The station had only two platforms and there was no way of knowing where your train would leave from until 15 minutes prior the departure. There was a digital display just above the enquiry window but it was hard to say if it could be trusted. Overall this place felt less like somewhere in the US and more like a train station in rural France.

Our train kept accumulating further delays on its way to Utica and arrived an hour later than the times printed on our ticket. Only a handful of us were boarding the train. We were segregated into different coaches depending on our destination and within a minute of us boarding the train began its lumbering, five hour long journey to New York City.

The train was quite spacious from inside. There was ample space to stow our suitcases and we had no trouble finding a place to sit (tickets don’t carry seat numbers, another reason for our anxiety). The ticket checker examined our printed e-ticket and slid a couple of green tabs in the overhead luggage rack, probably to mark that we had been already checked.

Given how cold it gets in New York, we weren’t expecting to be able to open the train windows. Sadly the window panes were tinted and grimy making it nearly impossible to snap any decent pictures on the way. New York at this time of the year puts up a glorious display of fall colours. Throughout the ride, we kept passing distant rolling hills covered in shades of orange, maroon and yellow. The sky was a dull grey throughout, but it only served to accentuate the colours of the landscape. Vegetation closer to the tracks would occasionally hide everything from the view and when it would disappear, we would be riding along a river.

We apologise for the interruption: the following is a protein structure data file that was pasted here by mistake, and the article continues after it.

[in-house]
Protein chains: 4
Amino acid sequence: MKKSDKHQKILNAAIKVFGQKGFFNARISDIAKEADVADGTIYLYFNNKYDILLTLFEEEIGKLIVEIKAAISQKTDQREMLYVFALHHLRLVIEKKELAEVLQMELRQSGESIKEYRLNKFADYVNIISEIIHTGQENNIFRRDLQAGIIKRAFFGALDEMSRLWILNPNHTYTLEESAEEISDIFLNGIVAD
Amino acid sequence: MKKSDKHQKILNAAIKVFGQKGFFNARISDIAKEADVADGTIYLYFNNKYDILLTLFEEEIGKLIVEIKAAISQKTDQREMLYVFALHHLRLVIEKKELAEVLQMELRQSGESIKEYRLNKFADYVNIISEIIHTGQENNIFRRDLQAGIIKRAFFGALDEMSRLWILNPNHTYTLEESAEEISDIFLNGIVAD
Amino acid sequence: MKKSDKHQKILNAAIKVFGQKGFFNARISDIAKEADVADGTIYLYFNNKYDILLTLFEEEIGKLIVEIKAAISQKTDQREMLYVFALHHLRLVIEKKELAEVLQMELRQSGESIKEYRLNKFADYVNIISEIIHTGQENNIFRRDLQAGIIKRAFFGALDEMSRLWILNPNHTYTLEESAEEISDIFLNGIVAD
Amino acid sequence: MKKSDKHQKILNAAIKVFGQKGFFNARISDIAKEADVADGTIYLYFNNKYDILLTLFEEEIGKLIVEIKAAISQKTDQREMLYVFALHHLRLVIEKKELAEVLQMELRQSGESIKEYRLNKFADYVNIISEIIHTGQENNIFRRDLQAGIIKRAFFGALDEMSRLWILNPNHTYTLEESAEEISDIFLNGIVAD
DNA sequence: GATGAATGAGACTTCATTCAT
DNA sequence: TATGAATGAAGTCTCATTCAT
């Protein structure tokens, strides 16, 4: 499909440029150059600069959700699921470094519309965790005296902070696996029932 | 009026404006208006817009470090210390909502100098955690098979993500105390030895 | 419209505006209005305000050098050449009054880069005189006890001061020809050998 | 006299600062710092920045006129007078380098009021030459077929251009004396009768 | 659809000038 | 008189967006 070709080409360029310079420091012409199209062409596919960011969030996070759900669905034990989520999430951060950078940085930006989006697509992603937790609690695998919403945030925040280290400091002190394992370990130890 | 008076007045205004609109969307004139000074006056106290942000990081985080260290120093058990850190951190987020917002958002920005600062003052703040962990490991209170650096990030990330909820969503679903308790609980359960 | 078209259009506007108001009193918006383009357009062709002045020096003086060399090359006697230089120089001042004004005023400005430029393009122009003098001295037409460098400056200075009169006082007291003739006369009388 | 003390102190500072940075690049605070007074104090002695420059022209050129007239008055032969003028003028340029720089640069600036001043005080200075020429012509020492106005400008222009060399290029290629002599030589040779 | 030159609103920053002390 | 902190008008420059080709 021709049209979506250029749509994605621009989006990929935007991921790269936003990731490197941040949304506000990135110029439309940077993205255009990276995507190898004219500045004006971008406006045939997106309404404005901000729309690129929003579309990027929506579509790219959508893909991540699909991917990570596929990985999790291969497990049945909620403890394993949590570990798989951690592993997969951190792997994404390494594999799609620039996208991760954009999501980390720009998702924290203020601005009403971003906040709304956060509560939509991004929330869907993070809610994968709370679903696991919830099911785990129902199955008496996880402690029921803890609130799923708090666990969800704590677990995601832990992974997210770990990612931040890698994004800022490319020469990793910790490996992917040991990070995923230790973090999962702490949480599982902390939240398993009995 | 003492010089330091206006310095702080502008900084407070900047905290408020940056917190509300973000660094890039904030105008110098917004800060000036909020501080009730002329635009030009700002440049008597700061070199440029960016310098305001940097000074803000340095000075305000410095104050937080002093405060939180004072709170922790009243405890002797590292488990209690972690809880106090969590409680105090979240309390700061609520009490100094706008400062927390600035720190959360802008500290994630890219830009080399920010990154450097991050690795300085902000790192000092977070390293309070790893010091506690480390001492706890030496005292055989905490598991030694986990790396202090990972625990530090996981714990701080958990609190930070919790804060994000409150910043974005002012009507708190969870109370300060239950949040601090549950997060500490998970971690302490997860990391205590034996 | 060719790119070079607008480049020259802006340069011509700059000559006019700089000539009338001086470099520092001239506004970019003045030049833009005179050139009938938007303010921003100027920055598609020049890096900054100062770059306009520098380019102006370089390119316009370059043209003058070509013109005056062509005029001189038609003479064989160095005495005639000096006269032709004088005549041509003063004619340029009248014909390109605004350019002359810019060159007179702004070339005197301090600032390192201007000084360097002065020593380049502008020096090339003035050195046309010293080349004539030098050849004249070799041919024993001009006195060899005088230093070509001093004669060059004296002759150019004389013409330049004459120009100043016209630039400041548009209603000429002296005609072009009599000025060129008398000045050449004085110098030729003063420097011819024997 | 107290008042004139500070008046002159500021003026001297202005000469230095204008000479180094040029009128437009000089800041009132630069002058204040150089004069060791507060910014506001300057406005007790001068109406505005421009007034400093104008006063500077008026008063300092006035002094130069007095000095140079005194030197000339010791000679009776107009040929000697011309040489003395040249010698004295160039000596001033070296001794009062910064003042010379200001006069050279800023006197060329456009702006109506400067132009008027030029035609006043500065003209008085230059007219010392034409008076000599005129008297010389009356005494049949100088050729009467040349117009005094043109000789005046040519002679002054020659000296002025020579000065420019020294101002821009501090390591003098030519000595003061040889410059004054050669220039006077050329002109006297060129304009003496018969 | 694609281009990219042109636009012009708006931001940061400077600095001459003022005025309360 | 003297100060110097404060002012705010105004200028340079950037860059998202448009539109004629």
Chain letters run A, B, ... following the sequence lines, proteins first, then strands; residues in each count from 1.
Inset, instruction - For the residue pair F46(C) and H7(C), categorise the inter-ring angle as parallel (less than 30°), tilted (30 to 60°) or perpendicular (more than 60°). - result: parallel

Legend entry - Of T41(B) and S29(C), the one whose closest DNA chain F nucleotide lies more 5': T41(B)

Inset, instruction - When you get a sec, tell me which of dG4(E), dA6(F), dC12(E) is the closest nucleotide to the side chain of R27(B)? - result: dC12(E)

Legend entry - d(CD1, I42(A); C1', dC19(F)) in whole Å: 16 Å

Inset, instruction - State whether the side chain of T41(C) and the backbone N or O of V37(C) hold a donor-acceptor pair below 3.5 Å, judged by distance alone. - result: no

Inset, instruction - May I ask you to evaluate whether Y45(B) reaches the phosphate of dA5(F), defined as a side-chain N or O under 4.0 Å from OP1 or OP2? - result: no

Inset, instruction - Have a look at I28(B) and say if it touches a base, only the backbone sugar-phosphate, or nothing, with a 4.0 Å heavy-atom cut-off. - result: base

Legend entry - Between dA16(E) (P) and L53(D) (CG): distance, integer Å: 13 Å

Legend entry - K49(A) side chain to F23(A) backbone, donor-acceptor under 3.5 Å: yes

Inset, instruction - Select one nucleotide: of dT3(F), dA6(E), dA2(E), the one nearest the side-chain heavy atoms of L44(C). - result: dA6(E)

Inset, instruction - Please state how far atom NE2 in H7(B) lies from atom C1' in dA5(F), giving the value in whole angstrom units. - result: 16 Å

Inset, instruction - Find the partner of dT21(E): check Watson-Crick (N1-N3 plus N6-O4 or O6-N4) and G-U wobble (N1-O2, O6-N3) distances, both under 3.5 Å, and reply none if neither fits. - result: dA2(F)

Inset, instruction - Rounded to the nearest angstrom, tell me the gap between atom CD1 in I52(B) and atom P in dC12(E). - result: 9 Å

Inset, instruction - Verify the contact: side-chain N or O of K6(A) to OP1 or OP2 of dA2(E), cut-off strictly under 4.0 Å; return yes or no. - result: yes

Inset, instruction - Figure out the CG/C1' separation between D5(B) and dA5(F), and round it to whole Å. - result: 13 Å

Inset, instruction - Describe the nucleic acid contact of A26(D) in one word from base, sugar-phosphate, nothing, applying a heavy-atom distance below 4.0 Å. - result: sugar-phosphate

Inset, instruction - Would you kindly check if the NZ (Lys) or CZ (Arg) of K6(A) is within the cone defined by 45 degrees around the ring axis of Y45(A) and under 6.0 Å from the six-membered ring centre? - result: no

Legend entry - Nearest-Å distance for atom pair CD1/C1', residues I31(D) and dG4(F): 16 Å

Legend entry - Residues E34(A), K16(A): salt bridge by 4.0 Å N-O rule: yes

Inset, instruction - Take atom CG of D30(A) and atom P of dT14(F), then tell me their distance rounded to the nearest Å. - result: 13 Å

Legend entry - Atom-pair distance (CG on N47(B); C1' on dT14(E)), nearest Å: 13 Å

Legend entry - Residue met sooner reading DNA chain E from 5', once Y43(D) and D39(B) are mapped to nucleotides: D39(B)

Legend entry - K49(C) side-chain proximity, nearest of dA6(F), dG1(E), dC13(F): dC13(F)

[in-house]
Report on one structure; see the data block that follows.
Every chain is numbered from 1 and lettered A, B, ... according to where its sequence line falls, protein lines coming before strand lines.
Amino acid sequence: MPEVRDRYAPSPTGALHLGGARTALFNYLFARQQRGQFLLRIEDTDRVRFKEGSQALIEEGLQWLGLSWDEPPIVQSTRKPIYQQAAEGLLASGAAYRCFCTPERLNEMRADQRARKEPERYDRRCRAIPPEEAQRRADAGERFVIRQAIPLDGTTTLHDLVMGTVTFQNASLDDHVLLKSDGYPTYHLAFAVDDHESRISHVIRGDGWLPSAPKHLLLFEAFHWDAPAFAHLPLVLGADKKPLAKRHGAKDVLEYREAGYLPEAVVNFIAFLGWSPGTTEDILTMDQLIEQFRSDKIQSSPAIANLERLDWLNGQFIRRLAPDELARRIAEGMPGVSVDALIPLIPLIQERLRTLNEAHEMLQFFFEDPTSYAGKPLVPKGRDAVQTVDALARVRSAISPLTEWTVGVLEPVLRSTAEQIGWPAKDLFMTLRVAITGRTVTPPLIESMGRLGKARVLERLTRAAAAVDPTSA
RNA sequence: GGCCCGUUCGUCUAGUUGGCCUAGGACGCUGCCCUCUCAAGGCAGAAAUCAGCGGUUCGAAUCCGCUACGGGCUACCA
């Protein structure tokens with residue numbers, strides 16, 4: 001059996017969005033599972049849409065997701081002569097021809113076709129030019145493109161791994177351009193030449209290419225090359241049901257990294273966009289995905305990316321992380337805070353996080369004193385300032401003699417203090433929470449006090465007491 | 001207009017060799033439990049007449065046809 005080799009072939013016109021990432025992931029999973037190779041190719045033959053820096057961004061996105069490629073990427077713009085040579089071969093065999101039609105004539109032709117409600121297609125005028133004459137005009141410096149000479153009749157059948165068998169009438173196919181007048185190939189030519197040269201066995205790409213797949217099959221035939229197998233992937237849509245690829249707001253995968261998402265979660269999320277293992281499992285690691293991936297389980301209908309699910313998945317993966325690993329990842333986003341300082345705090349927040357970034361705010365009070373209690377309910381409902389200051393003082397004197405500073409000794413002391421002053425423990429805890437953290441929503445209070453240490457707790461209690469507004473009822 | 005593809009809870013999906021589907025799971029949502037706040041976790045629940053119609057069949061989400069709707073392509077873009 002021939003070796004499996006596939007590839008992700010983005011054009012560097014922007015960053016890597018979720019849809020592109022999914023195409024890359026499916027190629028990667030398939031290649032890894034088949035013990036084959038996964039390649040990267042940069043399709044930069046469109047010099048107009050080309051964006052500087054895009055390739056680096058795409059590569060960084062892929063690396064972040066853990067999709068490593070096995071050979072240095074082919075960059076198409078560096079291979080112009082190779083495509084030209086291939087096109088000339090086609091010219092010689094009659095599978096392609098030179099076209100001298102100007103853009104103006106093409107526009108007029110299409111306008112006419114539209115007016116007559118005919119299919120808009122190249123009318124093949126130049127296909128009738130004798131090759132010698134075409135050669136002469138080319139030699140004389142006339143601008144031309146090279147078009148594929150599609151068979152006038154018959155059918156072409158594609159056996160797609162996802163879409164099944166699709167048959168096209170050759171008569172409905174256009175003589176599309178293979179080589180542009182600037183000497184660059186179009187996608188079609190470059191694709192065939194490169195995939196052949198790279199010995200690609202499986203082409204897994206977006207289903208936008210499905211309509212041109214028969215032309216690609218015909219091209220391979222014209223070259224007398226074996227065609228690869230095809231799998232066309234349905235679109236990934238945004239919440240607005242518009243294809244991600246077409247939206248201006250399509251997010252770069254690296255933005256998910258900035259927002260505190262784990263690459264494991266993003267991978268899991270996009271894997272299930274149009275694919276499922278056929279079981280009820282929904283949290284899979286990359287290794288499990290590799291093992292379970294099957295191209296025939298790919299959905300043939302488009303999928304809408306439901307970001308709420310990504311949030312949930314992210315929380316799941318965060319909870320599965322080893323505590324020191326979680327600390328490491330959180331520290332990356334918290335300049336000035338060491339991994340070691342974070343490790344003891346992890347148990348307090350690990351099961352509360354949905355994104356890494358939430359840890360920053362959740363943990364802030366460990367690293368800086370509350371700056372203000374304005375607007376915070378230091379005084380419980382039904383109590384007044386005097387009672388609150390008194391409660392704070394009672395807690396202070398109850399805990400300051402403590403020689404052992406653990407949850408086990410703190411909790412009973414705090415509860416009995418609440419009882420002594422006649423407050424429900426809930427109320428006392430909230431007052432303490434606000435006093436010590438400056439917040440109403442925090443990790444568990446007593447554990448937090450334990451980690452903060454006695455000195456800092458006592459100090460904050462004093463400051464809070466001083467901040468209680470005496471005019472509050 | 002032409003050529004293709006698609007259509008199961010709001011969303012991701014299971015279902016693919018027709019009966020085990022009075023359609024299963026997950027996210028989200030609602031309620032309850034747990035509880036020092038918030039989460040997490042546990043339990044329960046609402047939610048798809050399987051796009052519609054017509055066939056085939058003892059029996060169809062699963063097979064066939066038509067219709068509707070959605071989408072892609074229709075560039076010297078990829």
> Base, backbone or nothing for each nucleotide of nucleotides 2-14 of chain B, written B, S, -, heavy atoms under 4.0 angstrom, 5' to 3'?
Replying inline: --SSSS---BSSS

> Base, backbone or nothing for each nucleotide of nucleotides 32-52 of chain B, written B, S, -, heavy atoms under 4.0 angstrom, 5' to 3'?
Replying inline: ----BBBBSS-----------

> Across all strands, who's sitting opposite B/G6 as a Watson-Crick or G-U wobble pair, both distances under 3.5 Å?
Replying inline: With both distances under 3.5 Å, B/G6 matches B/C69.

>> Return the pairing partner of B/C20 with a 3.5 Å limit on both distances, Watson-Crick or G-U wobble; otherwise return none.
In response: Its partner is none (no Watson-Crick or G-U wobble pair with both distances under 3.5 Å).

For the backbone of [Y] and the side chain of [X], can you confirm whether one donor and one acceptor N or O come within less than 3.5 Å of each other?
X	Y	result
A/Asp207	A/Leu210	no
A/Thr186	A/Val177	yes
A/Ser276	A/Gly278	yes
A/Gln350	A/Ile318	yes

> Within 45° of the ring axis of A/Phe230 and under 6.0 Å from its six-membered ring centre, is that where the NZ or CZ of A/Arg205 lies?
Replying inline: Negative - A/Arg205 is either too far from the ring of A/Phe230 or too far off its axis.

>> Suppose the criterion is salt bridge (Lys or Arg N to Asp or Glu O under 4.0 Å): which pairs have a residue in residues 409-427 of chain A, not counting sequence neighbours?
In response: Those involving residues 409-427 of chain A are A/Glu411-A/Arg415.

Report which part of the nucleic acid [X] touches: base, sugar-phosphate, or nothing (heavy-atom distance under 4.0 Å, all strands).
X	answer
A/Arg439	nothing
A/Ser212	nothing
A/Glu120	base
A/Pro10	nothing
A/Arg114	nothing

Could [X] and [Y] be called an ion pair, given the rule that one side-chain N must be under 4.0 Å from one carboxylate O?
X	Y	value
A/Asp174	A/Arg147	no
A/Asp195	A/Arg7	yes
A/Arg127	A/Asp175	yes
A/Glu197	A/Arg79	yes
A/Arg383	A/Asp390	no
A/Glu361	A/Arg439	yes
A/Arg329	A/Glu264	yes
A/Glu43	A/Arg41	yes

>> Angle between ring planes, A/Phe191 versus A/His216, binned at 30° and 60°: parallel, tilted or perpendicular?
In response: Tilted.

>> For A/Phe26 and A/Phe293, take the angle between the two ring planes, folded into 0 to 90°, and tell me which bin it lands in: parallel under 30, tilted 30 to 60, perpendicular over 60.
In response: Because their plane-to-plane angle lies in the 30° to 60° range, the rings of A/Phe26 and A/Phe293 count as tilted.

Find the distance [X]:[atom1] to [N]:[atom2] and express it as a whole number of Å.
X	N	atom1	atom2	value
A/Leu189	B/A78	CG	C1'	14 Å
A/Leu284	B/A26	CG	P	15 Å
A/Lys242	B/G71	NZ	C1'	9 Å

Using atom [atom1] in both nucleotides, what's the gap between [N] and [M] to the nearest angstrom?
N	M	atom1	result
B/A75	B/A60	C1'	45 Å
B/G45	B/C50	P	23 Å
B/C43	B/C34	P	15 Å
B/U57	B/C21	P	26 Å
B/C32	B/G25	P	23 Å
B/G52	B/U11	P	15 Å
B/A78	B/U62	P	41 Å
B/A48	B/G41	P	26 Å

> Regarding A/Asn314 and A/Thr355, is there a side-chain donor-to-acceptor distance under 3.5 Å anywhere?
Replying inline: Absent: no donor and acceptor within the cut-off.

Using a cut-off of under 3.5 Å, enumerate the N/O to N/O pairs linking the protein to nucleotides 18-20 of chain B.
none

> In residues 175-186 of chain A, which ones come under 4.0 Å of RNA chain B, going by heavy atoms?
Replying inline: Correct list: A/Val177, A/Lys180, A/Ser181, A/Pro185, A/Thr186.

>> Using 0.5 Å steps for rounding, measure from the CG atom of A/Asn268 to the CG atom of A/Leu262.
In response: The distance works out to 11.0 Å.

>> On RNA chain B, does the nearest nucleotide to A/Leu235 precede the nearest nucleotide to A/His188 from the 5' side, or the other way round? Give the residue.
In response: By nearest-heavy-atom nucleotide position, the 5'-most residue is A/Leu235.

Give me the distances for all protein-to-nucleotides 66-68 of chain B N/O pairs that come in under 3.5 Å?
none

I held my phone’s camera against the glass window and tried shooting some high frame-rate videos. The results surprised me. There is something hypnotic about seeing the trees, bushes and fall foliage glide past in slow motion. The landscape in the background creates a strong parallax and gives the illusion of the recording being three dimensional.

Our journey was punctuated by various small stations (we were particularly excited about Amsterdam, NY) every 30-40 minutes. The train had pantry service and a respectable menu but they were out of practically anything we wanted to have. Thankfully they did carry plenty of black coffee which we washed down our own stock of potato chips, fruits, nuts and granola bars with.

One of our co-passenger was extremely friendly and handed us a fistful of candies for no reason at all. In India, one hears grim tales of people being drugged and robbed in trains. So for us, eating something handed to you by a stranger in a train is a rookie mistake. We left the candies in the seat’s pocket. I can’t help but feel sorry about the world that makes us wary of a random act of kindness by a stranger.

As we drew closer to New York City, the hamlets along the way started turning into towns which then became cities. The train made up lost time along the way and by the time it came to a halt in the underground tunnel at Penn Station, we were just 15 minutes off the scheduled arrival. It was a memorable ride. I am already thinking about the footage I could get in winters.